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Bygone Harvest Scenes

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Haystacks: a common country sight in bygone times

A guest contribution by Neil Cryer

What haystacks (also known as ricks) were

'Haystack' seems to have been a generic term to describe stacks of corn, straw of hay. Such stacks of all kinds were common sights in the fields while I was growing up in the 1940s. True haystacks, though, were stacks of hay. In some parts of the country they were known as hayricks or just ricks.

What hay is and how it differs from straw

Hay was and is dried grass, grown as food for animals in the winter. Hay tends to be less course than straw.

hay

Hay

straw

Straw

Hay and straw photographed at identical distances for comparison purposes. The straw is much stiffer and rougher.

How haystacks were made

Once the grass for hay was cut, it was left strewn on the ground to dry in the sun before being collected. The timing was critical and depended on the weather. The moisture content had to be 14% or less, otherwise the bacteria in the grass would multiply in the haystack and make it so hot that it would catch fire. At that time, the correct moisture content would have been a matter of judgement by experienced farmhands.

I never saw a haystack on fire, but gather that it was not uncommon. Losing a haystack to fire was a severe financial loss to a farmer.

If the grass didn't dry, it was carted off for silage.

Collecting and transporting the hay

Hay being collected from the field where it had been spread out to dry, early 20th century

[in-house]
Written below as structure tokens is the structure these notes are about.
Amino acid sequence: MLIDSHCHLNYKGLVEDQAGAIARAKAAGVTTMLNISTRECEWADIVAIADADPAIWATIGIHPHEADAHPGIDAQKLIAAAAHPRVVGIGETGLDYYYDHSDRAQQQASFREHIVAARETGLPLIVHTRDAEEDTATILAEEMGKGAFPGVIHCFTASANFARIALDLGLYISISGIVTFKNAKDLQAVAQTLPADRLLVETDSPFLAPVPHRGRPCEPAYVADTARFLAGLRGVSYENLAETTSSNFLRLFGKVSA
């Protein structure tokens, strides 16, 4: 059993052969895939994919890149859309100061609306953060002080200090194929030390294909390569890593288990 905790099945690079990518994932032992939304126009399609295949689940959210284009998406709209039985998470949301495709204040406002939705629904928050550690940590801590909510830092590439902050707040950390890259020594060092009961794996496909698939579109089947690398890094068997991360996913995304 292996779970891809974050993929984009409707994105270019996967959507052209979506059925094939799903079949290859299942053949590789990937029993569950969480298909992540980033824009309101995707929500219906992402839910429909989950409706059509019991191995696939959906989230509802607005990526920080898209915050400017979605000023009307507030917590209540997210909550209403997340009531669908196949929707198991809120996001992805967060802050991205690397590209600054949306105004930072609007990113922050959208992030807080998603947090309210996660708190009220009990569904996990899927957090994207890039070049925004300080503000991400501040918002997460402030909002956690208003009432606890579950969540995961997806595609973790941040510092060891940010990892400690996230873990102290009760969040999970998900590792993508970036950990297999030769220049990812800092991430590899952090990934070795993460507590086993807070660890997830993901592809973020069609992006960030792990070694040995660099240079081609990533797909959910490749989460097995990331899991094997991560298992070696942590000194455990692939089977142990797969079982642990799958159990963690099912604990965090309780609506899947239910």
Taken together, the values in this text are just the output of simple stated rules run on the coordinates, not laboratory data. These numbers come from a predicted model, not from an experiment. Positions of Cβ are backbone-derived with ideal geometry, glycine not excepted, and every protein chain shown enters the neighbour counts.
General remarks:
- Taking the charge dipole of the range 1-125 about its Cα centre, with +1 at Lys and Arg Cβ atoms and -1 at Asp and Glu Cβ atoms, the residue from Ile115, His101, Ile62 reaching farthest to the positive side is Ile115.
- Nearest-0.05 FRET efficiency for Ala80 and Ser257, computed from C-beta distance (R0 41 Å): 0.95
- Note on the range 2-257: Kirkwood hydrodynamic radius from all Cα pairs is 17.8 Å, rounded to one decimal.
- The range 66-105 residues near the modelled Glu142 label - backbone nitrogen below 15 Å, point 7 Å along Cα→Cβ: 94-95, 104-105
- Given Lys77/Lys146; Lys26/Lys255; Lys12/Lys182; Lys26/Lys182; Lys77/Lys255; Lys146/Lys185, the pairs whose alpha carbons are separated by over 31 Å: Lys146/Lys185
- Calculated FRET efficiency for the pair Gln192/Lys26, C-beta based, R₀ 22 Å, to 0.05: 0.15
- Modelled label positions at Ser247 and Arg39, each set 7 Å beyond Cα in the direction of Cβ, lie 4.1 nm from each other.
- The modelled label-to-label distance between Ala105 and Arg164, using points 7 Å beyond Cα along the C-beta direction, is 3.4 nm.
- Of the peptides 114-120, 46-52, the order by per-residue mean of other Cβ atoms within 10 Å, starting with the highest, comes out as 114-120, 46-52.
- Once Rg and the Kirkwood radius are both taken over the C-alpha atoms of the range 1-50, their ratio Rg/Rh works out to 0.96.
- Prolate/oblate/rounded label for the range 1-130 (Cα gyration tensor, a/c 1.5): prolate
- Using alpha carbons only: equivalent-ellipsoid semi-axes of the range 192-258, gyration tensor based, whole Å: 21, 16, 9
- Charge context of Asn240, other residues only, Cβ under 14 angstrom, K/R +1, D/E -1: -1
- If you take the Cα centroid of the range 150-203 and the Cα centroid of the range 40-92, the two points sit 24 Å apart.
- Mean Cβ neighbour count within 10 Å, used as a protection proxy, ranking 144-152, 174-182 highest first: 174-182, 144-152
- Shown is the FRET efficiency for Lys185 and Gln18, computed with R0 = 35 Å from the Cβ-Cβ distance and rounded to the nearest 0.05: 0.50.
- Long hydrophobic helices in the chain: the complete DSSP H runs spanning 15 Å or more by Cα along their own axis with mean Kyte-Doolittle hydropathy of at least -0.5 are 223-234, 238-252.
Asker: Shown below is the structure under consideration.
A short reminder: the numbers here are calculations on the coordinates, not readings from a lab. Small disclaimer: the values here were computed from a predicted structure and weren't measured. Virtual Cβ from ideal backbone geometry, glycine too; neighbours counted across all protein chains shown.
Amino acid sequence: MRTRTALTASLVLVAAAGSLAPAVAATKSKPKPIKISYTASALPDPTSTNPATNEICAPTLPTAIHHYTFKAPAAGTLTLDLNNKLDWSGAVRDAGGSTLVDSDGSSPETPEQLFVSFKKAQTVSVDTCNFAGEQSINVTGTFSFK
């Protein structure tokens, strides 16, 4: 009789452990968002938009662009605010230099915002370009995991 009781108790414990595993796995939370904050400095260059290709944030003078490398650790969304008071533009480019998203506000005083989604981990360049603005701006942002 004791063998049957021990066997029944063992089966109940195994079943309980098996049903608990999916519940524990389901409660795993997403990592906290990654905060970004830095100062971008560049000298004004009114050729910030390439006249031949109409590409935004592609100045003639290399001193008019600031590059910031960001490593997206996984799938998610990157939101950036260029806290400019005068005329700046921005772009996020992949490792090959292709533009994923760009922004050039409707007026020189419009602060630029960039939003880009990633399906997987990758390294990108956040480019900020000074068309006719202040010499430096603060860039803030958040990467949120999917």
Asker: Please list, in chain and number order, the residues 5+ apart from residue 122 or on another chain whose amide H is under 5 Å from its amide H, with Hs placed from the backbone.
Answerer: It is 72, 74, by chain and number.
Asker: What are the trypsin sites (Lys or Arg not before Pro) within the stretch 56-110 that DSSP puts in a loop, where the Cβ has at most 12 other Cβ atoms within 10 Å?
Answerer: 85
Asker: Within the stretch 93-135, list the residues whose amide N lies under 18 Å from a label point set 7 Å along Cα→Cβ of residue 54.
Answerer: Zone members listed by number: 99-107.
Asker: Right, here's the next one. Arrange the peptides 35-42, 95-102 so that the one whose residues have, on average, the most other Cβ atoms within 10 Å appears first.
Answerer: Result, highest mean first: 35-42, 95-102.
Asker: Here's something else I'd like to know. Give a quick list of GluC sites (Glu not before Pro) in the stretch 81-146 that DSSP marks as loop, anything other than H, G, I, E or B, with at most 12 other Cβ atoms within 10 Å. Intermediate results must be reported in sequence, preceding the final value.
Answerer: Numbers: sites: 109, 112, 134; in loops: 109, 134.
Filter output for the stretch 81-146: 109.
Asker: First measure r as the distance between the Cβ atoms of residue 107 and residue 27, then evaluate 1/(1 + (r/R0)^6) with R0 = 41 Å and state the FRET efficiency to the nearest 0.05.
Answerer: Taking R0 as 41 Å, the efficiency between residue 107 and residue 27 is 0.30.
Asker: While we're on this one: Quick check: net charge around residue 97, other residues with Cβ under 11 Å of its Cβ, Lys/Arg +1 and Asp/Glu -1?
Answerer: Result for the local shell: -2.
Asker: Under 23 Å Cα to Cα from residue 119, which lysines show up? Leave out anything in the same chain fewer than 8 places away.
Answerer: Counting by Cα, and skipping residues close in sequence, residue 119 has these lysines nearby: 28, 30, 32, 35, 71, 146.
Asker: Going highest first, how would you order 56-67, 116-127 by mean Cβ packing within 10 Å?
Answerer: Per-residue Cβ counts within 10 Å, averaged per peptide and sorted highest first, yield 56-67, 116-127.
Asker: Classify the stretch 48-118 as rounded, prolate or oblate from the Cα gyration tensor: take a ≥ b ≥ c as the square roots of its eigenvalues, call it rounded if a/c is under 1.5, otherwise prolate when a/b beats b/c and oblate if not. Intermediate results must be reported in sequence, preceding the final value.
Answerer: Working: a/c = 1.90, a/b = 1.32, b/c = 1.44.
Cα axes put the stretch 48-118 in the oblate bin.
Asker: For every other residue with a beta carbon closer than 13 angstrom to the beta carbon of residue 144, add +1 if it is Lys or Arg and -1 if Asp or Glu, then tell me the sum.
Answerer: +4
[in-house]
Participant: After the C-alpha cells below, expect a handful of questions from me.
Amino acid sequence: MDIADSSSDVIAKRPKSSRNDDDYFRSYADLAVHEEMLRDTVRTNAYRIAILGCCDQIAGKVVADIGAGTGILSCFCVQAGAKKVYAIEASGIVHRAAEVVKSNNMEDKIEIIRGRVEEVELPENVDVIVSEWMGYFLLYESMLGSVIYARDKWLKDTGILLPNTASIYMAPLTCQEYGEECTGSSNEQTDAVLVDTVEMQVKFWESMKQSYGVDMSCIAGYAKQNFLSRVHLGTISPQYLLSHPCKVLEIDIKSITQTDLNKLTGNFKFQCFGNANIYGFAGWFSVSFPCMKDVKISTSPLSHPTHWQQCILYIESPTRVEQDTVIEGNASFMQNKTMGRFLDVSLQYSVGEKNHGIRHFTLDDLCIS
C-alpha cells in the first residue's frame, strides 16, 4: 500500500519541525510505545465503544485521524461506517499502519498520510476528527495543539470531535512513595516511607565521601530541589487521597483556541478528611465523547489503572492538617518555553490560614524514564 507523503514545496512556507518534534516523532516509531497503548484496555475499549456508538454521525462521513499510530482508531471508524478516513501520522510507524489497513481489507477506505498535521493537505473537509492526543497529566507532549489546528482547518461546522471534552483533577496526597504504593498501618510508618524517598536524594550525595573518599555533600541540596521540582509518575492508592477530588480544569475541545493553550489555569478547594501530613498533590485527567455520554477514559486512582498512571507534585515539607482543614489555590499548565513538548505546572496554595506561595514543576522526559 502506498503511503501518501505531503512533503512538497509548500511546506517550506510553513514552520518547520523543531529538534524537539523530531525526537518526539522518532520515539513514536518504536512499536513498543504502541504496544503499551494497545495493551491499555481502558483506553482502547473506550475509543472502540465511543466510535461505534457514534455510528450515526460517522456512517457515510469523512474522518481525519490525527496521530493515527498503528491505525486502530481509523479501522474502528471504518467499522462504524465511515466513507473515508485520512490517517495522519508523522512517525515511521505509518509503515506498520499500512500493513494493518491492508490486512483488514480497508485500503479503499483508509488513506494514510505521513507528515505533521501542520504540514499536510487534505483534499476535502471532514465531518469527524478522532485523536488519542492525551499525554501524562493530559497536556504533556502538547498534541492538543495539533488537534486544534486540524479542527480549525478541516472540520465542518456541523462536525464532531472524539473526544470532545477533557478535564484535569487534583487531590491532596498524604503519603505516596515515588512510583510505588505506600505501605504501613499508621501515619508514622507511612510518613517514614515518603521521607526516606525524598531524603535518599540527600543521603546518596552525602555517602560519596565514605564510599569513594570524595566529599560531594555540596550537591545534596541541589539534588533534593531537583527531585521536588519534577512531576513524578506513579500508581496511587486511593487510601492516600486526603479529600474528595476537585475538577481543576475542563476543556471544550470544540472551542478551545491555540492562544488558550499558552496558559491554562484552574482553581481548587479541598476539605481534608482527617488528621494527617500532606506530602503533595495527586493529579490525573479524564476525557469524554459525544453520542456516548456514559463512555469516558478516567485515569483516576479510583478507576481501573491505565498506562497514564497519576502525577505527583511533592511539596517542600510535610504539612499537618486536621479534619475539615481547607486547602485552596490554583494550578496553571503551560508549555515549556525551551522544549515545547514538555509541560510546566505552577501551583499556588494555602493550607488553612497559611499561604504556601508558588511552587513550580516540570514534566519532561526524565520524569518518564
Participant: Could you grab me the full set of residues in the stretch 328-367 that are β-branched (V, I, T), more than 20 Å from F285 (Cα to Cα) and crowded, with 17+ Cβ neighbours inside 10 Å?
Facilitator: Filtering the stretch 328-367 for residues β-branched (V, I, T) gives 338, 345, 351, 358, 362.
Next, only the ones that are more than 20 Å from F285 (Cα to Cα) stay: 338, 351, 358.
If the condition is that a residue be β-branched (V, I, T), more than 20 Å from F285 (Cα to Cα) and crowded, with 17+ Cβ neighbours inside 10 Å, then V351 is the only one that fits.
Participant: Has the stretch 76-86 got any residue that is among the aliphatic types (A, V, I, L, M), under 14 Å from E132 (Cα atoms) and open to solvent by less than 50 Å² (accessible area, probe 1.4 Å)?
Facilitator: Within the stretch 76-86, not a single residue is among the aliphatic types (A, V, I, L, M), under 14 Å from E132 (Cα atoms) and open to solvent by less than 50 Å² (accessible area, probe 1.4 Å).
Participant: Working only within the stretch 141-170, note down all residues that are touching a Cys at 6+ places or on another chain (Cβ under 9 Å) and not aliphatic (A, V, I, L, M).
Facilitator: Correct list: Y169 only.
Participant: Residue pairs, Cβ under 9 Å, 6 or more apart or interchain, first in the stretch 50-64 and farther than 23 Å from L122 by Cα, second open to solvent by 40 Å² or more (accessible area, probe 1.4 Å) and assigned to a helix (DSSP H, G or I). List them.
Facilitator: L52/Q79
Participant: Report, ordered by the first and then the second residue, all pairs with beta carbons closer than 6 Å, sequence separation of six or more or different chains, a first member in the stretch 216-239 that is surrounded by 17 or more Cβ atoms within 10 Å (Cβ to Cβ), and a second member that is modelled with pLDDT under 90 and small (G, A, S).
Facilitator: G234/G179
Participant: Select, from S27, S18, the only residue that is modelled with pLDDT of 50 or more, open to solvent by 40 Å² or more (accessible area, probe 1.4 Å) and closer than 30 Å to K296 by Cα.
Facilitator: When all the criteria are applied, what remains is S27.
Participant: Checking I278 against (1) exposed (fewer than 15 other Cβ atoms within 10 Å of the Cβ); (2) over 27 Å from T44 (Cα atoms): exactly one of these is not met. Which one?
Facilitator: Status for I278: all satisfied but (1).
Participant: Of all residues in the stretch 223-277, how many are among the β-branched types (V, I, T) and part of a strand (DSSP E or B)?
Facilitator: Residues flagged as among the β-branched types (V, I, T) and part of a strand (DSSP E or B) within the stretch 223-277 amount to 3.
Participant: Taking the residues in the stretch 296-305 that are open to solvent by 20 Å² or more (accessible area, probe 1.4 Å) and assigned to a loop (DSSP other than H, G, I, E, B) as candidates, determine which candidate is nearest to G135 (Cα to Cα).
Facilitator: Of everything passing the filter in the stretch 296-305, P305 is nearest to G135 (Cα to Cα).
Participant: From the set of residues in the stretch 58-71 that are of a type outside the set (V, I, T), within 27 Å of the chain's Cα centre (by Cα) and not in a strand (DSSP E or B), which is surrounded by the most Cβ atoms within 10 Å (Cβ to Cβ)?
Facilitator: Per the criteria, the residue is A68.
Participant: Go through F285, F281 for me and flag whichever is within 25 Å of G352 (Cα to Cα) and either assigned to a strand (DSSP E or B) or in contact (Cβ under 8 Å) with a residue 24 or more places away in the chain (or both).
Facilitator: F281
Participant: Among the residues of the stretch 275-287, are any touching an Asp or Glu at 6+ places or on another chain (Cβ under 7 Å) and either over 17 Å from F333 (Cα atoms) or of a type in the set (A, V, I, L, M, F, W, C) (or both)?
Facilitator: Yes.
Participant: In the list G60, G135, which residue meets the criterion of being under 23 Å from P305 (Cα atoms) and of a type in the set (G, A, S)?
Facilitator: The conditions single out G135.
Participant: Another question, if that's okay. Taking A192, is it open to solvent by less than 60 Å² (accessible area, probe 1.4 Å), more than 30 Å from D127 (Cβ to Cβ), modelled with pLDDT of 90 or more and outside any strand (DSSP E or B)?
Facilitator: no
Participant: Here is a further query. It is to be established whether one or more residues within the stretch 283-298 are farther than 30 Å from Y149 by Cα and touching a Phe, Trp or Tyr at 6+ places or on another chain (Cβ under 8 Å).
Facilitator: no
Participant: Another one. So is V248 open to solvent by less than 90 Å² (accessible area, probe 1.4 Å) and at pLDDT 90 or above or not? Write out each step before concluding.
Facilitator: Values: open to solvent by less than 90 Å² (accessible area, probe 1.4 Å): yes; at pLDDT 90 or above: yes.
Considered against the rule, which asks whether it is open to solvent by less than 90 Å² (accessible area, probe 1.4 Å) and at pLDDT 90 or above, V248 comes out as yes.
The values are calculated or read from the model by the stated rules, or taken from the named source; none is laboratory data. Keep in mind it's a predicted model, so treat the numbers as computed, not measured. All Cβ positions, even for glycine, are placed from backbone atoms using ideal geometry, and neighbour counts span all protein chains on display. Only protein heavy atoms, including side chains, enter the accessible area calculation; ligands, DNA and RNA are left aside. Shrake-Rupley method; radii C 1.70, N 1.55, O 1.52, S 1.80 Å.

Dried grass, now hay, being collected from a field where it had been spread out to dry.

Farmhands raked together the dry grass, now referred to as hay, and threw it onto a special cart which had folding slatted ends which enabled it to hold more. A special lightweight fork was used called a pitchfork - see the next photo - and the act of using it to load the straw onto the cart was known as pitching.

pitchfork for throwing hay onto a cart

Man with a pitchfork and harvesting hat

Guest contribution

The skill of tossing the hay

There was a certain knack in tossing sheaves from a pitchfork and many a laugh was had at the attempts of beginners, all good fun.

V. John Batten

The cart took the hay to the side of the field, close to a gate for easy later access and close to a hedge if possible to keep off the worst of the weather.

Stacking the hay into a haystack

Once in position, the farmhands stacked up the hay into what were known as haystacks or ricks.

Haystacks came in all shapes and sizes and were quite large and tall, such that a ladder had to be used for the uppermost layers.

Haystack in the making

Haystack in the making - note the ladder and the man on top building the stack*

Some haystacks were built on frameworks supported above ground on mushroom-shaped stones to keep out rats, mice and other vermin, but as this was not always the case, stacks did get infested with vermin.

Protecting from bad weather

The final stage was to give the haystacks a rough thatch or mat covering to keep the rain off.

completed haystacks

Haystacks complete at the end of a long day*

Note the height of the haystacks, their light thatch covering and the longer ladder on the back left. Also note the folding slatted front of the cart. (The folding slatted back is not visible, although it can just be seen at the edge of the top photo.) An edited detail of an image supplied by Send and Ripley History Society.

The haystack was only returned to in winter when it was broken open for animal feed.

Haystacks as playthings - and more

Broken haystacks were well-known as places where courting couples could lie together in relative privacy, although I dread to think of the insects that they must also have lain with.

Courting couples using haystacks 1 of 2

Courting couples using haystacks 2 of 2

Courting couples using haystacks


Haystacks were also play places for children who would climb up them and slide down. Neither activity would have appealed to farmers because they opened up the haystacks to the weather.

Page written by Neil Cryer

* These two photos are edited details of a picture supplied by Send and Ripley History Society


If you can add anything to this page or provide a photo, I would be pleased if you would contact me.


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